The Bakersfield Californian from Bakersfield, California on September 12, 1944 · Page 2
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The Bakersfield Californian from Bakersfield, California · Page 2

Bakersfield, California
Issue Date:
Tuesday, September 12, 1944
Page 2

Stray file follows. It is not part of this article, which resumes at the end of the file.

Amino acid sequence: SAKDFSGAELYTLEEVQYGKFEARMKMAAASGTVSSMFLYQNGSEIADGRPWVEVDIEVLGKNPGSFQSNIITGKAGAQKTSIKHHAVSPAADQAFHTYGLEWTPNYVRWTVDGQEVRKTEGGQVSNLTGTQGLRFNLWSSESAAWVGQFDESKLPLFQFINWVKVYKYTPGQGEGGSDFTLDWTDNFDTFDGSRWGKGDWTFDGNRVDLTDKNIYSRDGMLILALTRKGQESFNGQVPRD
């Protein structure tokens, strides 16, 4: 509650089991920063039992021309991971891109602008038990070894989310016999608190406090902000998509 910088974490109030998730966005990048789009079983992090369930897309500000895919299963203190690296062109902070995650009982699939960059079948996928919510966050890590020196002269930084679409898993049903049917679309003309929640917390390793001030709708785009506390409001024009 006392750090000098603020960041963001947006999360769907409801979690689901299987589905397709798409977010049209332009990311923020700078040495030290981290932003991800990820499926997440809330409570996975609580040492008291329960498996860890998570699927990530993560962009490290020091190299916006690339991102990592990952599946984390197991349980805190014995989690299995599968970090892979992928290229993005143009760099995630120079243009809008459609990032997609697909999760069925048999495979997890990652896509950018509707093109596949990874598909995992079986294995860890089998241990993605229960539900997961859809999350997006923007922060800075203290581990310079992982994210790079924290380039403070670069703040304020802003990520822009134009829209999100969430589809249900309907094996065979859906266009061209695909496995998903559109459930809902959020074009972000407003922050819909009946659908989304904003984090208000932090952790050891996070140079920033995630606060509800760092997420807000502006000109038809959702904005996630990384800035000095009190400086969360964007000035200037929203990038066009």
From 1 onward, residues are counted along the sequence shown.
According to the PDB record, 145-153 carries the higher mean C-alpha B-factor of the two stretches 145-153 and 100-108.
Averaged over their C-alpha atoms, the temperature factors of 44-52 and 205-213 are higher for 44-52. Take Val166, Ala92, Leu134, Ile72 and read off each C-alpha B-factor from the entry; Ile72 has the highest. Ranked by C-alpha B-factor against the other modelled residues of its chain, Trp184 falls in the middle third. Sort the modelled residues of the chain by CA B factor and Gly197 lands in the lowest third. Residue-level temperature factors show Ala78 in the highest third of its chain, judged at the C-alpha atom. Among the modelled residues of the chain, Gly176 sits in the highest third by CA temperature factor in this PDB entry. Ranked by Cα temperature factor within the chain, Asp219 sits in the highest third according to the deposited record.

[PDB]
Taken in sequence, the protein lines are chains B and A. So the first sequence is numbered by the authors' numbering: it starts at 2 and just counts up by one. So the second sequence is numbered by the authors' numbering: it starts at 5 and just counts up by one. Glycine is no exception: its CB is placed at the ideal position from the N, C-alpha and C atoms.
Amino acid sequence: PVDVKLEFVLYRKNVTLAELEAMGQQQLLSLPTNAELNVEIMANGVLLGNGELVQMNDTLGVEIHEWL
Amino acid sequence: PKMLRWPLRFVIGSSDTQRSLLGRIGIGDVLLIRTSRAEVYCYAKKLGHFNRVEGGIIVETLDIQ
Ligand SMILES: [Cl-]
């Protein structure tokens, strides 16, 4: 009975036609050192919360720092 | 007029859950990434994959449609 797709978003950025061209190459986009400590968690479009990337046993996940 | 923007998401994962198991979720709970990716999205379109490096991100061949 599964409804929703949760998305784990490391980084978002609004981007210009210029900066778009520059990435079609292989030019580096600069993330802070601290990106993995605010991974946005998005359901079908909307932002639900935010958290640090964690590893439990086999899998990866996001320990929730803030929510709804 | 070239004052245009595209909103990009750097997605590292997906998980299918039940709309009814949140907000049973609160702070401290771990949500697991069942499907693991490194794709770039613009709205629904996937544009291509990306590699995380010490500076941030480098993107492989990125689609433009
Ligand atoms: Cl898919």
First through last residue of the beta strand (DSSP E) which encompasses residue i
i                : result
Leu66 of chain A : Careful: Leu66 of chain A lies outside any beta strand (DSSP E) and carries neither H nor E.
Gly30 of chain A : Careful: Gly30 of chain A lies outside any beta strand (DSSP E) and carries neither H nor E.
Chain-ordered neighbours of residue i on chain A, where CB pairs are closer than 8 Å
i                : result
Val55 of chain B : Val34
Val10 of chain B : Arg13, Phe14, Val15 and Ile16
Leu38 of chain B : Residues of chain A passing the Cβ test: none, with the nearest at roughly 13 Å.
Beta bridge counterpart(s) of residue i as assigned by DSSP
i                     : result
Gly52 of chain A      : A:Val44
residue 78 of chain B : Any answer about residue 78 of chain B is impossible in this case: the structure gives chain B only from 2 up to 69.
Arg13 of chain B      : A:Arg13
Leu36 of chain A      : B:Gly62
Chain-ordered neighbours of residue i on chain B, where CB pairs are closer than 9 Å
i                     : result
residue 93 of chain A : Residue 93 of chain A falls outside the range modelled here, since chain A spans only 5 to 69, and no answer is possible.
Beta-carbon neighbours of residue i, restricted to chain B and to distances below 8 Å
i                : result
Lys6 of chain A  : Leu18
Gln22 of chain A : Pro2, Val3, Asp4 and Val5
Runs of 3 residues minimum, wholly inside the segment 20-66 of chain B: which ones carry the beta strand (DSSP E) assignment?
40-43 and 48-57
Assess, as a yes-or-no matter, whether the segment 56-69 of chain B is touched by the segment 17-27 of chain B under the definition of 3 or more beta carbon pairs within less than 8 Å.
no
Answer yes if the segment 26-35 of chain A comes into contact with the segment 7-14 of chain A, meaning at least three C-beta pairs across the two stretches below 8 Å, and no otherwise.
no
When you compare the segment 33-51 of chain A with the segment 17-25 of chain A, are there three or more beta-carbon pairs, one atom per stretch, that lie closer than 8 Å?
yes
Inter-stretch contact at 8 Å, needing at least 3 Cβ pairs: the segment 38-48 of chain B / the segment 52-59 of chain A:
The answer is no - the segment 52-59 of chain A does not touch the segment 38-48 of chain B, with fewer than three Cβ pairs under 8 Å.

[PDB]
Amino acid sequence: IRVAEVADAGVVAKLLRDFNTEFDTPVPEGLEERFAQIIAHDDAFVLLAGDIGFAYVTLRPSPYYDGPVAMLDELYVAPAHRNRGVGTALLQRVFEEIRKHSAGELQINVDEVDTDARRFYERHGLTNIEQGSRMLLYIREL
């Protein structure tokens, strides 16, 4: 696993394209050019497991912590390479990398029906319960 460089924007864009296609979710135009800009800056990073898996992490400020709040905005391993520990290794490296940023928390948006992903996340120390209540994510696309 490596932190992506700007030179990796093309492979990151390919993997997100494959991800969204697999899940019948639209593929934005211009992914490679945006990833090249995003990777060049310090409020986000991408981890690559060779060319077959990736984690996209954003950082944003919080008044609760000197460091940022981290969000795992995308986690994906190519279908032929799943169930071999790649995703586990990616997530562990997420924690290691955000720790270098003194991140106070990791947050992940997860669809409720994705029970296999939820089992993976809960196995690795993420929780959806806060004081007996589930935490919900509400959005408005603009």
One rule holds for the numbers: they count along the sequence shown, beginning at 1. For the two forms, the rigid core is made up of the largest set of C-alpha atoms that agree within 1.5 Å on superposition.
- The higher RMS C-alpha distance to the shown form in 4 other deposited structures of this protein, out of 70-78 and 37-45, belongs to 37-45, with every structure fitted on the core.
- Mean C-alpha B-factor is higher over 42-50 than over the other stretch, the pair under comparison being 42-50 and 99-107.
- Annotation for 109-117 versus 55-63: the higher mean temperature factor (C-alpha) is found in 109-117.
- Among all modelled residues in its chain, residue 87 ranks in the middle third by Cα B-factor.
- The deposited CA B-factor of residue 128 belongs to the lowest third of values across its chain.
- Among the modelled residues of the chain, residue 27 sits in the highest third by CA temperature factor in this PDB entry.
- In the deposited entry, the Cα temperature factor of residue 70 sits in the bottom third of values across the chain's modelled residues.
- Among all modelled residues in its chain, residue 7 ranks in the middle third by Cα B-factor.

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;:* 2 Tuesdoy, September '2, 1944 fcftc Safefrsficlb California!! 5,516 War "Vets" Already Re-Hired by U. S. Steel Philippine Drive Increases Speed Cnnlinucfl From Tnge Ono joint ami Intensified campaign .luainst I ho Japanese empire weie the Cniii'il Stntps Third Pacific fleet and the American-Australian Far jKa stern Air Force. !» Thi- attack on the Philippines by •warship's ji rid .carrier planes of the i Third fleet in a tactical operation I was tin 1 first of the war. It was I coiiiinandeil liy Admiral William F. ! llalsey, Jr. j StearniriK < lose to Mindanao. lars- ;cst and southernmost of the Philippines, llalsey's cruisers, destroyers and carrier planes delivered the most devastating single blow yet struck at the Japanese merchant fleet last Friday. At least S!) carpro ships and small craft were .-'link or probably de- si roved --t lie urcali'st nuinber ever taken in any single operation of this ;i i . i 'ii cial estimates destroyed at Veteran of Guadalcanal, Tulagi and New Guinea, Marine Raider Andy t)oby was down six times with malaria, and finally given a medical discharge. Returning home, he went to work at a McKeesport, Pa., plant of U. S. Steel. Andy's story is much like that of 5,515 other war veterans who have come back to work for U. S. Steel. A warm welcome is given to U. S. Steel's former employees when they return. Every opportunity is offered for advancement, including special training in the skills for which they are best suited. UNITED STATES STEEL nservalivc unof placed the tonnage around .~i<>.l"ifi. Many of the ships! were small cargo vessels, which may | reduce the tonnage sunk below that i destroyed in such engagements as r Midway and Guadalcanal. ; Significantly, no Japanese combat! ship appeared to challenge 1 lalsey's j fleet and only S enemy planes were n tlic ait. They were quickly de- ••trriyed. together with liO on the ground. A job with a locomotive to help you Work for a company whose biggest job is still ahead This job IIMVS about $220 base pay after a couple of weeks of Iniin in:.'. Jl's a job for tin active man who doesn't like dull routine nnrt who lines like lo see things move The job: switching railroad cnrs, trains . . coupling 'em up, shunting 'em on to .sidings . . . freights from all over Hie country. loaded with guns, tanks, wnr materials. You'll work with an engine, crew (good guys if ever there were nnyi, have a locomotive to do Hie heavy work. Remember, Southern Pacific's big gcst job is still ahead . . . handling the over-increasing wnr load for the drive in the Pacific. Your work will be vital. Railroad puss privileges. Fine pension plan. Medical services. The kind of job you can he proud of. Look into this toil.'iy. (Student BraUenicn needed also. Pays about $220 per month also, after short training.) See or B. W. MITCHELL S. I'. Station. Hakerslield or your nearest S. P. Agent Grand Jury Hears Hall-Dorsey Story Continued from PascOn? Sewed back on, it is now as good as new. Smiley, convicted yesterday of telephone betting on horse races, had nothing to say to jurors when he was called today. In rapid success. Hall's maid. Dorsey, and Pat Dane appeared before the jury. Smiley, Dorsey and Miss Dane stood on their constitutional rights and refused to comment. Each was in the jury room only a moment and then reappeared, .smiling, and joshing reporters. Hall's maid. Miss Ruby Cotton, said she washed the blood from Hall's coat after he got home, but there were no cuts in it. There were in Hall's face, Xorris said. He said he was silting in his automobile after the party and heard someone shouting: "They're killing Jon; they're cutting him to pieces. "I looked up on the balcony and there were Hall and Dorsey fighting. "I rushed in and saw Hall all bloody and staggering around the living room. I pulled him out into the hallway and turned around and the door was locked. 1 knocked. 'That was his mistake, he said. 'They were all waiting for me." He was knocked down, he said, Smiley kicked him in the face, and Dorsey. despite his broken nose and glasses, grabbed him by one leg. dragged him down stairs, bumpety. bumpety. bump, and tossed him outside. Hall, showing no traces of the slashes variously attributed to a knife, a potted geranium, and a broken beer bottle, greeted Norris enthusiastically. Fre«h from a morning of bur- noosed ln\e.making to seven-veiled Maria Monte/ for the cameras, I hill clapped his old pal Norris on the shoulder and then turned t" the reporters clustered outside the grand jury room. lie wasn't there to tell the jury anything. Hall said, only to answer (| nest ions. Of these there were plenty, and the actor remained behind the closed doors of the jury loom for an hour. What he said was not disclosed on his voluntary oath of secrecy. Sandwiched in between the principal's testimony, was that of Jesus Oistillon, guitar player at the I'lush Clover Club, who was swept along in the tide as the Dorsey- Hall party left the club and went on with festivities in the Dorsey apartment. I'OI'E PRAISES ALLIES WASHINGTON, Sept. 12, <UR> — Pope Pius XII has praised the "fine example, bearing and conduct of Allied troops in Rome," the AVhite House revealed today. The Pope's message was disclosed in a letter to President Roosevelt from Myron C. Taylor, his personal representative to the Vatican. F.R.,Churchill Map New Pacific Strikes Continued From Page One British forces to be transferred from Europe to the Far East as soon as Germany's defeat is complete must also be determined. And the amount of lend-lease aid the United States will give Britain after the European war ends, must lie considered. Mr. Roosevelt. Mr. Churchill and their staffs nettlfd down to threshing out these matters in conference rooms in the old Citadel, looking out over the St. Lawrence. Preliminaries were gotten out of the way swiftly following their arrival yesterday. Last night they were guests of the Earl of Athlone, governor- general, at a state dinner. Wide Field Their talks were expected to cover a wide field, including many problems in Europe. But it was officially emphasized that the Pacific war was the No. 1 topic, and the absence of Soviet Premier Josef Stalin fits in with that program. Converging drives on the Japanese from the central Pacific, and the southwest Pacific nre forging ahead of schedule, hut the enemy recently has made fresh piugress In China. Those drives must be extended before a direct assault on Japan itself can be started. "3m they are going so fast that now the top planners— who must work months in advance of the action — must begin to lay out the strategy for the final assaults. There are now four commands fighting the Japanese: l.'The United States Pacific' forces under Admiral Chester W. Nimitz have struck swiftly across the central Pacific and have penetrated Japan's inner defense circle. 2. General Douglas MacArthur's forces have swept up from the south to place themselves in a position to invade the southern Philippines. :l. Forces in Lord Louis Mountbat- ten's southeast Asia command—comprising Burma, hid" China. Malaya land Sumatra—have had tough going but have succeeded in driving the Japanese out or northern Burma. This will permit early re-establishment of a land supply route from India to China. 4. In China. Generalissimo Chiang Kai-shek's troops have been waging a. desperate but so far losing battle to prevent the Japanese from cutting the country in half. These commands have been operating under the broad plans developed at the last November's Roosevelt-Churchill-Chiang conference in Cairo. I'iut they have not had the benefit of the co-ordination such as General Dwight D. Eisenhower exercises in western Europe. Already delicate questions have arisen involving the overlapping of some command areas, t'nless a new command set up is achieved, these would multiply as the offensives progress. 7/ \ ll r/i TIE BATTLE JACKET This is the forerunner of the new trend in jackets. It was started by our leading Allied Generals and is now a part of our regular fighting man's equipment. You'll like it because it's new and practical as well as trim and handsome. Jacket illustrated is tailored of lightweight twill and sells for . ., . 1O50 HARRY COFFEE Yanks Drive Six Miles Into Reich Continued From Page One milep short of the German frontier and Mahnedy, !) miles west of the frontier. Us advances brought the vanguard almost to the border along a 2<>-mile front in that. area. The Americans almost completed the occupation of the Grand Duchy of Luxembourg, from which the first penetration of Germany was made. (The British radio reported that the German garrison of he Havre surrendered today and uiiOU of its men were captured. The commander had been wounded seriously by bomb?, the broadcast said, and the deputy commander surrendered the garrison.) Moving under a blistering artillery bombardment that ripped into the Nazis' vaunted Siegfried Line. Lieti- tenant-General Courtney H. Hodges' First Army rolled across the German frontier yesterday afternoon and early today were reported advancing steadily into the great forest belt of the Rhlneland. the terror . of invasion that Hitler's armies carried into more than a dozen European states in the first flush of Nazi power was visited upon the German homeland for tho first time in more than a century, and preliminary reports from the front said the Germans were offering only the feeblest resistance. Trier, birthplace of Karl Marx and probably the oldest city in Germany, was by-passed as the American tank and infantry columns fanned out through the densely-wooded hills to the east, probing at what appeared to be a soft spot in the Nazi west wall defenses. At the same lime, other First Army units in eastern 'Belgium battled 10 to 20 miles past Liege through savage German opposition to within 0 miles of the Reich and moved up their heavy artillery to pour salvo after salvo into the German city of Aachen. British Second Army forces at the northern end of the Allied battle line and LieutenaiH-General George S. I-'atton's United States Third Army on the southern flank, ground forward slowly toward the frontier in the face of stiff resistance. KILLED IN FRANCE TACOMA. Wash., Sept. 12. UP>— First Lieutenant Torn Potts, 23, who played in motion pictures before enlisting in May, 1941, and was a •nephew of Minnie Maddern Fiske, -stage actress, was killed in action in France August 10, his mother, All's. Bernice Potts, school teacher, was notified today. His widow, Marjorie, lives in Hollywood. FRESNO AND BAKERSFIELD Maine Gives G.O.P. Satisfying Returns Conlinvied i'rom Page OHO Third district—L'nited Stales Representative Frank Fellows (U). JU,48«: Ralph E. Graham ID). 11.145. Although the Republican leaders claimed the greatest margin of victory in history on the basis of Hildreth's lead of approximately 75,000. former Governor William Tudor Gardiner polled an 83,000 majority in 1028. Yesterday's balloting: was relatively light compared with 1940. It fell approximately 100,000 votes short of the 232,000 cast four years ago. Hildreth will succeed Republican Governor Sunnier Sewall who is retiring;. U. S. Bombers Lash Nazi Industries ______ 4 DIMINISHING OIL STORES STRUCK BY FORTRESSES AND LIBERATORS IN AIMS r.nxnox. Sept. 12. OW—More than 11""' Ameriean heavy bomb- ci n a I tack od Germany today for tho fifth consecutive flay, while nlher hundreds of Allied planes plummeted the foe close to the bat-' tlof nmt The Flying Fortresses and Liberators MRiiin bombed the enemy's diminishhiK oil stores in Kreat or* madas convoyed by probably 7.iO fighters. The Germans made no mention of air battles-snrh as the fiKhts of "last ditch" character yesterday In which the KiRhth Air Force alone destroyed 175 enemy planes. In clear weather, the hombrrs struck visually at these objective:*: Synthetic oil plants at Riilirland. northeast of Dresden: Banlen, near Leipzig: MandenhurK and at Hrtix on the r/ech border. • Hefinerles at HainminRstadt near Heide and at Mlsburg near Hannover. An engine plant near Kiel. An ordnance depot at Friedrichstadt near Magdeburg. The Germans said yet another American force was hitting south Germany from Italian bases. The enemy, in desperation, lighted smudge pots around some of the refineries to conceal them in smoke palls. Some of the targets were even deeper in eastern and central Germany than those attacked yesterday. Moscow reported scores of, I'nited States ICIglith Air Force lioiuhers landed on Russian bases yesterday after bombing Chemnitz, fill miles southeast of .Leipzig. Shortly before dawn, Mosquitoes* plunged many two-ton bombs into Merlin and K. A. F. T-ancasters pounded Dranstadt In the upper Khineland in force. In all. "01 German planes were destroyed in the west yesterday. Fighter bombers of the I'nited •States Ninth Air Force knocked out 28. Including ft in combat, while, tlie 175 victories were by Lieutenant-General James H. Don- little's Eighth Air Force. Four more were destroyed in the Mediterranean theater and 7 in Russia, making total German losses 21-1. NEW kind of ASPIRIN tablet doesn't upset stomach W HEN you need quick fjlief from pain, do you hesitate to take aspirin because it leaves you with an upset stomach i It so, this new medical discovery, SCJHtRiN, is "just what the doctor ordered" for you. Sup«rln U aspirin plus-— contains the same pure, safe aspirin you have long known—but developed by doctors in a special way for those upset by aspirin in its ordinary form. This n«w kind of aspirin tablet dissolves more quickly, lets the aspirin get right at the job of relieving pain, reduces the acidity of ordinary aspirin, and does not irritate or upset stomach—erea after repeated doses. T»ar this out to remind you to get Superia today, so you can have it on hand when headaches, colds, etc., strike. See how quickly it relieves (pain—how fine you feel after taking. At your druggist's, 15* and 39*. Supe/iuv • TA n i- r T <; THI COURSE OF INDUSTRY TAKES ITS WAY* A Ik Santa Fe v i w * Industry, hastened by needs of war, is on the march in California—the land where the weather, the space, the raw materials and man are natural allies * War needs now. Peace needs later. For the richness and Tightness of California as an industrial state are acknowledged—in time of war or peace. * Santa Fe is on the march in California, too. We have increased yard facilities, and installed new track and "speed up" traffic control systems to provide improved service for transporting materials to California and for carrying California products and produce "back East." * The Santa Fe Railway, linking the West with the East, Is extremely proud to be one of California's important transportaton allies in this great industrial expansion. dft 1IOOP MOVUUMT*. SMW SAtUNM • WAI MHNMMNT F SANTA PI SYSTIM LINIS - ALONO THI ROUTI TO TOKYO